The NES PowerPak is a new flash cartridge for the NES. If you've ever used the R4 for the DS or any similar products, you're familiar with the concept. You place the system software on a Compact Flash card like this one along with any NES ROM images you want to run, stick it in, start it up, and play.
The whole thing is extremely simple, and it works just the way you'd expect it to.
Now, this may be a bit different from my normal reviews and filled with nerdy details. If that isn't your cup of tea, you may want to go back and watch one of my older reviews.
Okay, still with me?
Let's talk about memory management controllers.
The Famicom - and by extension, the NES - was built to be extensible. The system could only do so much on its own, so Nintendo employed memory management controllers to add additional RAM, allow for more sprites on screen, and eventually allowed for the battery save we all know and love.
I'll spare you the technical details on how these worked and what was different across different cartridges, but there is plenty of technical detail around the internet for the curious.
In the US, Nintendo had a death grip on the market, so only their own in-house chips were used - third parties were not allowed to make their own cartridges.
The only exceptions were the unlicensed carts by Tengen, Active Enterprises and Color Dreams.
In Japan, however, every company had their own set of chips.
While this was great for the consumer at the time, when NES emulation came along this became a real compatibility issue. New code needed to be written to support each and every individual chip.
The pieces of code written to emulate these chips were called mappers.
Why is all of this relevant? Well, obviously, a card of this nature can't have every one of these chips included. The solution, then, is to simulate these in software.
So, mapper files are included with the PowerPak software in order to handle this task. A chart is available on their website as well displaying which mappers work, which are buggy, and which are unavailable.
Well, RetroUSB aren't the only ones making mapper files for the device. Loopy's mappers, available here, extend the capabilities of the PowerPak even further.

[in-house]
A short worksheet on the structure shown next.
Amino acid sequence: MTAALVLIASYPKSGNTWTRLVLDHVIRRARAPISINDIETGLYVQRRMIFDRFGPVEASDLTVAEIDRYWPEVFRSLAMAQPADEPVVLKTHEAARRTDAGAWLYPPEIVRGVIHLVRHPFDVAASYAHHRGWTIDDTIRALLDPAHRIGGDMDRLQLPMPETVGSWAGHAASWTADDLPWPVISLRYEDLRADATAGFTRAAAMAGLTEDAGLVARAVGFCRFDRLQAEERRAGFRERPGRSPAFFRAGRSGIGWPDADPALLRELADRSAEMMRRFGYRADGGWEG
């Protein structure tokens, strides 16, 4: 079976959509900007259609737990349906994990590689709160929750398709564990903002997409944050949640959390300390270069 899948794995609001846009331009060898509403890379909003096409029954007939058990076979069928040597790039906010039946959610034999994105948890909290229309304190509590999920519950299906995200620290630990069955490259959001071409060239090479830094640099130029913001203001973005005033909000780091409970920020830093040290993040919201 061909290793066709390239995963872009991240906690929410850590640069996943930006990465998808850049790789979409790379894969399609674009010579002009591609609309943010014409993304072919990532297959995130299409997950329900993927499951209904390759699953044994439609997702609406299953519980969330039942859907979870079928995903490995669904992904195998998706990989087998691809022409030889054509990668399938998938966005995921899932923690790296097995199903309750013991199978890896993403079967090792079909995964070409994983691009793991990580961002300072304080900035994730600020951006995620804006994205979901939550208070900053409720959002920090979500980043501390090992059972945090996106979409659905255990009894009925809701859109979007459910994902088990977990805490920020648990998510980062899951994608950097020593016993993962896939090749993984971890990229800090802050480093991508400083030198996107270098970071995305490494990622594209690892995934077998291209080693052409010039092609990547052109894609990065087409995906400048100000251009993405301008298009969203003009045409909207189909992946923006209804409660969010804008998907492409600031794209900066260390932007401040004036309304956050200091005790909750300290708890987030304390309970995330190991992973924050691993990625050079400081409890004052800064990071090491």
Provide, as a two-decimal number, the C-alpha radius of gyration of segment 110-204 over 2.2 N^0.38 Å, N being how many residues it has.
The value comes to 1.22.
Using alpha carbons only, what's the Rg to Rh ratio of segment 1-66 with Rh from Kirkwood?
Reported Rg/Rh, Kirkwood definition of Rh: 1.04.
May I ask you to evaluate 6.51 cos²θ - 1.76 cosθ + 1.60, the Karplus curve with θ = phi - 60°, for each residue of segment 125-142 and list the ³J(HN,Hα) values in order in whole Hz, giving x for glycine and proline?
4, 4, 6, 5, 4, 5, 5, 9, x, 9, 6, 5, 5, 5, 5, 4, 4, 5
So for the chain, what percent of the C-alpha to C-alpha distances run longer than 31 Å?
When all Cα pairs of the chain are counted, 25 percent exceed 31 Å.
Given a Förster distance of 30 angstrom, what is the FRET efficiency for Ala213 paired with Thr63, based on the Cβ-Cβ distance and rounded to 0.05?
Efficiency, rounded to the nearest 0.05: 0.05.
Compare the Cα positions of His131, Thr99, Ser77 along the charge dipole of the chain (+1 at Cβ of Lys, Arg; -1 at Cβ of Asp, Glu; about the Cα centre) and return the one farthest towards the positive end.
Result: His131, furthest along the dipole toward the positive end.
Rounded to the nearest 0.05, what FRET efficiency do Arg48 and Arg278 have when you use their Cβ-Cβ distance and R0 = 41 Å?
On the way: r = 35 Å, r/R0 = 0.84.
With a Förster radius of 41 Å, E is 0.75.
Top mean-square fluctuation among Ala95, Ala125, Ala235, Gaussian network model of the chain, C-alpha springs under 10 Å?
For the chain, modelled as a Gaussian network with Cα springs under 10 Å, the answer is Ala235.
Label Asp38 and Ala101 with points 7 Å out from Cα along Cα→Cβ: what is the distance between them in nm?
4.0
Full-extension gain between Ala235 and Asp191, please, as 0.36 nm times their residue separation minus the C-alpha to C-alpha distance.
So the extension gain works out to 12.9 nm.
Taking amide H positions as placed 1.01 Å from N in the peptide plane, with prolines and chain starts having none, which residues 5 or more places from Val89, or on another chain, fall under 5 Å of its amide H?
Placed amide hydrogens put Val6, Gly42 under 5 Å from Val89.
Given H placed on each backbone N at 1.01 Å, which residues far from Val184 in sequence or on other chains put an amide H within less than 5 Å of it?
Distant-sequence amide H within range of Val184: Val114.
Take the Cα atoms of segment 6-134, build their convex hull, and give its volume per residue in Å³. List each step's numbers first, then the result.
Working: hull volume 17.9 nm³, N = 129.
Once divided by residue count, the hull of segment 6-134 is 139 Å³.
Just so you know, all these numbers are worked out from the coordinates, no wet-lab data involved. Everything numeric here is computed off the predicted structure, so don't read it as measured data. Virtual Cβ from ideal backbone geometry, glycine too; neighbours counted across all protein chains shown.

Between the two sets of installed mappers, just about everything works, including the extra audio hardware available on Famicom games like Akumajou Densetsu, the Japanese version of Castlevania 3. Save batteries work as well, which is more or less required.
Even Famicom Disk System games and NSF music files are supported!
Nintendo Vs. arcade games, however, are not supported, and I didn't really expect them to be. The colors are way off, and there's no way to insert coins.
I haven't personally tested them, but there are also a set of mappers that actually allow you to use saved states, like the ones you'd get in an emulator! Sure, I can see how that'd be useful - but if you use them, you're officially not a bad enough dude to rescue the president. Just saying.
One major issue with this device is Compact Flash card compatibility. I went through 3 different cards before finding one which fully works with the device.
Rather than buying and returning tons of cards, try to find a Dane-Elec card like this one. Trust me, you'll save plenty of time and money buying one you know will work up front. This is the brand that RetroUSB sells along with their devices, and they always seem to work, but again, your mileage may vary.
So, in conclusion, the PowerPak does a fantastic job supporting nearly everything out there, which is a great feat. In addition, RetroUSB and Loopy continue to work on these mappers, so expect support to improve as development goes on. One day, it may well support every NES and Famicom game ever made!